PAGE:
• If they do, select Continue. A webpage opens on your telecom provider’s website. Sign in (using your existing mobile account details) or create a new account if needed, and then follow the steps to add your device to your account.

      • If your provider doesn’t offer plans, select Choose from a list of mobile operators. Choose a new provider, and then select Continue to go to the telecom provider’s website to set up a new account and plan.

    • On the Select a mobile operator to get online now page, select a telecom provider, select Continue to go to their site, sign in, and then choose a plan.

When you want to use your mobile data connection, use the following procedure to connect:

  1. Select the Network icon in the system tray.

  2. In the list of available networks, choose the mobile network.

If you experience any problems with your cellular connections, use the following steps to troubleshoot your connection:

  1. Open the Settings app.

  2. Select Network & Internet.

  3. Assuming you have an eSIM or compatible SIM, you should see a Mobile tab on the left. Select the Mobile tab.

  4. If you have multiple SIMs, then select whichever SIM you want to use for a given data plan, and select Use this SIM for mobile data.

  5. Open the Mobile Plans app and choose a mobile operator from those listed.

  6. Follow the previous instructions to set up a plan with your telecom provider.

Set up Windows 10 as a mobile hotspot

Windows 10 devices are becoming lighter and more mobile. Often, users have multiple connected devices, including laptops, tablets, and cellphones. Virtually ubiquitous internet connectivity enables users to adopt an “always on” lifestyle. When users face situations where traditional connections, such as corporate Wi-Fi or Ethernet, are not available, they will look for other forms of connectivity, such as Wi-Fi hotspots; they also might use their mobile devices to connect to the internet.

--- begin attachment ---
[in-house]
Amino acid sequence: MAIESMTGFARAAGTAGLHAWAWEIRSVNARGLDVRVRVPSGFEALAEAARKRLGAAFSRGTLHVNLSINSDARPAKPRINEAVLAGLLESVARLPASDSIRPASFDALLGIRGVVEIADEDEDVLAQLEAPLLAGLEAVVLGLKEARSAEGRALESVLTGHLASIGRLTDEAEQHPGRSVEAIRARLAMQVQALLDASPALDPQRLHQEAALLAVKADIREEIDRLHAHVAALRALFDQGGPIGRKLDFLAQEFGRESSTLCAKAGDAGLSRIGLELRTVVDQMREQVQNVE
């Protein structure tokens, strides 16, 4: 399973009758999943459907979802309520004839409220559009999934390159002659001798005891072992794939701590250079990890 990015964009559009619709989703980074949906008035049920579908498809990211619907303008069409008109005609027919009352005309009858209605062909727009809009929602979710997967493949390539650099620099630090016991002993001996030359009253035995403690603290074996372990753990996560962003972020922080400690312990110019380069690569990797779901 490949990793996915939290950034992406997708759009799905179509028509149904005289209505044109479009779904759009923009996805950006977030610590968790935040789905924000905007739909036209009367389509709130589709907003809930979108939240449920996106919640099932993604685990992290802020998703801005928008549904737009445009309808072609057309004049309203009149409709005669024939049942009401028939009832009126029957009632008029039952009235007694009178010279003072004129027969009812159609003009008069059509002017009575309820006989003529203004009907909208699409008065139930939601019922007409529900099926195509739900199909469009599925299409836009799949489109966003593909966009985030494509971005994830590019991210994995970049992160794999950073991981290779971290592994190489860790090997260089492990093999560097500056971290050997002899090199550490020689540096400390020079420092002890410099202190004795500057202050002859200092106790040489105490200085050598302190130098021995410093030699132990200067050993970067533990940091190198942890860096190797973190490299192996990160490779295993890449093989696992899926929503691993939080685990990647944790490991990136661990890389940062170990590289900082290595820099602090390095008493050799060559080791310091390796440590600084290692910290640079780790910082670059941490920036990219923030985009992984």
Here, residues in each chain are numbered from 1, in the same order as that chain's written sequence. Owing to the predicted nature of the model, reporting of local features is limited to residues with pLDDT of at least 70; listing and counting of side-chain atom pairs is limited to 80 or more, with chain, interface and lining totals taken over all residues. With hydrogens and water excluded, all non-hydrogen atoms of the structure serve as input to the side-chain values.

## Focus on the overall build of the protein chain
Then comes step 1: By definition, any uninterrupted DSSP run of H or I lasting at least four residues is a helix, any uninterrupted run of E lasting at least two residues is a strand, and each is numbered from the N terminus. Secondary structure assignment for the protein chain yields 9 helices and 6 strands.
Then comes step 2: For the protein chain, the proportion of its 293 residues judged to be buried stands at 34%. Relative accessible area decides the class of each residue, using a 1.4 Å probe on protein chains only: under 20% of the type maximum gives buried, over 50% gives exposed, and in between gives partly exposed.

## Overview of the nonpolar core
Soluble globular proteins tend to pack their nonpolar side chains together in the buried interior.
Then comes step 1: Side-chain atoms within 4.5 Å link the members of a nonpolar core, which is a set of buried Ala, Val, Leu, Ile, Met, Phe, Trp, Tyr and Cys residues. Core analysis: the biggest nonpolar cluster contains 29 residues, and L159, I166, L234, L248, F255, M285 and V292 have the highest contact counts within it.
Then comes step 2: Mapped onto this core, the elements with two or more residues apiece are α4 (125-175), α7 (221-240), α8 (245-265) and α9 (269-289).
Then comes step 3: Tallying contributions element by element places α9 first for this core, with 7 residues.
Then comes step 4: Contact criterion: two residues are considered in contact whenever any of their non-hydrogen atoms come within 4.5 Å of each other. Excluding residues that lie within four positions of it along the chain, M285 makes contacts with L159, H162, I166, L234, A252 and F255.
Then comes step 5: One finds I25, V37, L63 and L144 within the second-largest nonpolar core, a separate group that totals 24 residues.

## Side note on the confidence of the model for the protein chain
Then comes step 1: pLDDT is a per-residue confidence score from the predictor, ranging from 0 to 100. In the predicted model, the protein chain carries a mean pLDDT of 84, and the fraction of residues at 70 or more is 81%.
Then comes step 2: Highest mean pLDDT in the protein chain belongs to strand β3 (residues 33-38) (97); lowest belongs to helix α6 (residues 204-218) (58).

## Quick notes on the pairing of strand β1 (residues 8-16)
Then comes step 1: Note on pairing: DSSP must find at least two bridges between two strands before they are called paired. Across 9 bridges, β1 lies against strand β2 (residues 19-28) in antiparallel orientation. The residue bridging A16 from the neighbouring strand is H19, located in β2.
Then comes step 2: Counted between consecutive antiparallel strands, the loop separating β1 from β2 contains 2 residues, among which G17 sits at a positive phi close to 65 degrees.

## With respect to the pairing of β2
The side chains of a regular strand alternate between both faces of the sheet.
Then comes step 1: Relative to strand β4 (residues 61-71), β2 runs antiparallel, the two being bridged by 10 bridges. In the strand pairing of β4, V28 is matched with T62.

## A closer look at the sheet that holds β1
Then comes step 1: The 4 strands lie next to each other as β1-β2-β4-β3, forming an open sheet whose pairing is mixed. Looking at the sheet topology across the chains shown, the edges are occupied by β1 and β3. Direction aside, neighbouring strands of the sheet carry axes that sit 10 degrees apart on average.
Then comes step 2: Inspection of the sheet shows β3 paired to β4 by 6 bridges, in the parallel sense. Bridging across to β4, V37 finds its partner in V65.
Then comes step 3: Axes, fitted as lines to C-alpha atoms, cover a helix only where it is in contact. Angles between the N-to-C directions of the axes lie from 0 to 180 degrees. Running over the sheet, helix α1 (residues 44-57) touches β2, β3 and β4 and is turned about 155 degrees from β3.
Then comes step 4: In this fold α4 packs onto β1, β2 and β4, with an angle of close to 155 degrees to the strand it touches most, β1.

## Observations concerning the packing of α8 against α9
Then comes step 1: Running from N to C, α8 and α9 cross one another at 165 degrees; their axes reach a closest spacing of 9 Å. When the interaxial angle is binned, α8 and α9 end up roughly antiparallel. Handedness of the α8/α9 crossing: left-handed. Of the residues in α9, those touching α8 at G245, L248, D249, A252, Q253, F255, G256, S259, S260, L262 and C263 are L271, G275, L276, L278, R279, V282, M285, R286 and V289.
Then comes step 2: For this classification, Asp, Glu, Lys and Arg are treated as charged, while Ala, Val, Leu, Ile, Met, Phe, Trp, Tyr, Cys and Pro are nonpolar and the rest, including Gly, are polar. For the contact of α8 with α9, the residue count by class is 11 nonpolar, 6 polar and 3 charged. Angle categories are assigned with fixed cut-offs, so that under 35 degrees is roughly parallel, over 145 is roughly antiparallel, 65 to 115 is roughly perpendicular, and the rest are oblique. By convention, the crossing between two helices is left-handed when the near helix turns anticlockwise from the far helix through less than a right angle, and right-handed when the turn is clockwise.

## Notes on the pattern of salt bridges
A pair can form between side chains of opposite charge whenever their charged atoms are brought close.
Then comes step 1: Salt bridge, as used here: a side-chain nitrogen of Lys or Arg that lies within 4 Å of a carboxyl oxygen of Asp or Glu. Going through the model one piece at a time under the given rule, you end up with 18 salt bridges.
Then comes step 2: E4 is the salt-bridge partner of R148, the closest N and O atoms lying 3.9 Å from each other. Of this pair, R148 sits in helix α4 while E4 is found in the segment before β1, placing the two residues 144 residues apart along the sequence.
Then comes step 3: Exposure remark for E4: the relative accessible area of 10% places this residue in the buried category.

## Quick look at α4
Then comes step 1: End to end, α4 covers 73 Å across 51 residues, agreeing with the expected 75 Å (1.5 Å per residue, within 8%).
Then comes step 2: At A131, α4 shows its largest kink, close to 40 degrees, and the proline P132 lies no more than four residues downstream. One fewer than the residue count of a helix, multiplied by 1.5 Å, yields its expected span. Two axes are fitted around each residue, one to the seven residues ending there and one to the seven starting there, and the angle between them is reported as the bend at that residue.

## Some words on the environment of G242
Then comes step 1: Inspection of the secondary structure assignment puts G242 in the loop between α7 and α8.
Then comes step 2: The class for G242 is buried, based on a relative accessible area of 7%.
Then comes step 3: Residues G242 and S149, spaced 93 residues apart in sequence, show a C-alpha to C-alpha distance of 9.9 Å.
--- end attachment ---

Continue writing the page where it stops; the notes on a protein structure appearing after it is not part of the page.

Broadband tethering, referred to as a Windows 10 mobile hotspot, enables users to share their own internet connections with others by enabling the device to function as a wireless “hotspot.” Similarly, users can connect to other users’ shared personal “hotspots,” provided they have the necessary credentials.

To connect to a shared mobile hotspot connection, follow these steps:

  1. In Settings, select Network & Internet.

  2. As shown in Figure 3-8, select the Mobile hotspot tab.

    A screenshot shows the Mobile hotspot tab of the Network & Internet settings app. The Share My Internet Connection With Other Devices option is enabled. The Share My Internet Connection From device is configured for Wi-Fi. Power saving is enabled.

    FIGURE 3-8 Enabling a mobile hotspot

  3. In the Share my internet connection from list, choose the appropriate network connection.

  4. Select Edit and enter a Network name and Network password. These are used by other users that connect to your device.

  5. Finally, enable the Share my Internet connection with other devices option.

Configure VPN client

In Windows 10, creating a VPN enables data to be transferred through a virtual private network using a secured connection (known as a tunnel) over a public network, such as the internet, as shown in Figure 3-9.

An illustration shows a collection of different locations: a main office, a remote office, a home office, and a hotel. VPN connections join these locations through the public internet.

FIGURE 3-9 Using a VPN to connect locations securely over the internet

Except in a few specialized scenarios, nearly all dial-up remote connections have been replaced by broadband-enabled VPN communications. Windows 10 still supports Point-to-Point Protocol (PPP), which can be used with a dial-up connection. This is an old protocol, but because it creates a direct connection and maintains a dedicated link between the two points, it is used as the starting point for most dial-up and PPP connections.

VPN protocols

Windows 10 supports four commonly used VPN protocols. Each protocol offers different characteristics and age, as described next. Typically, the newest protocol will be the most secure.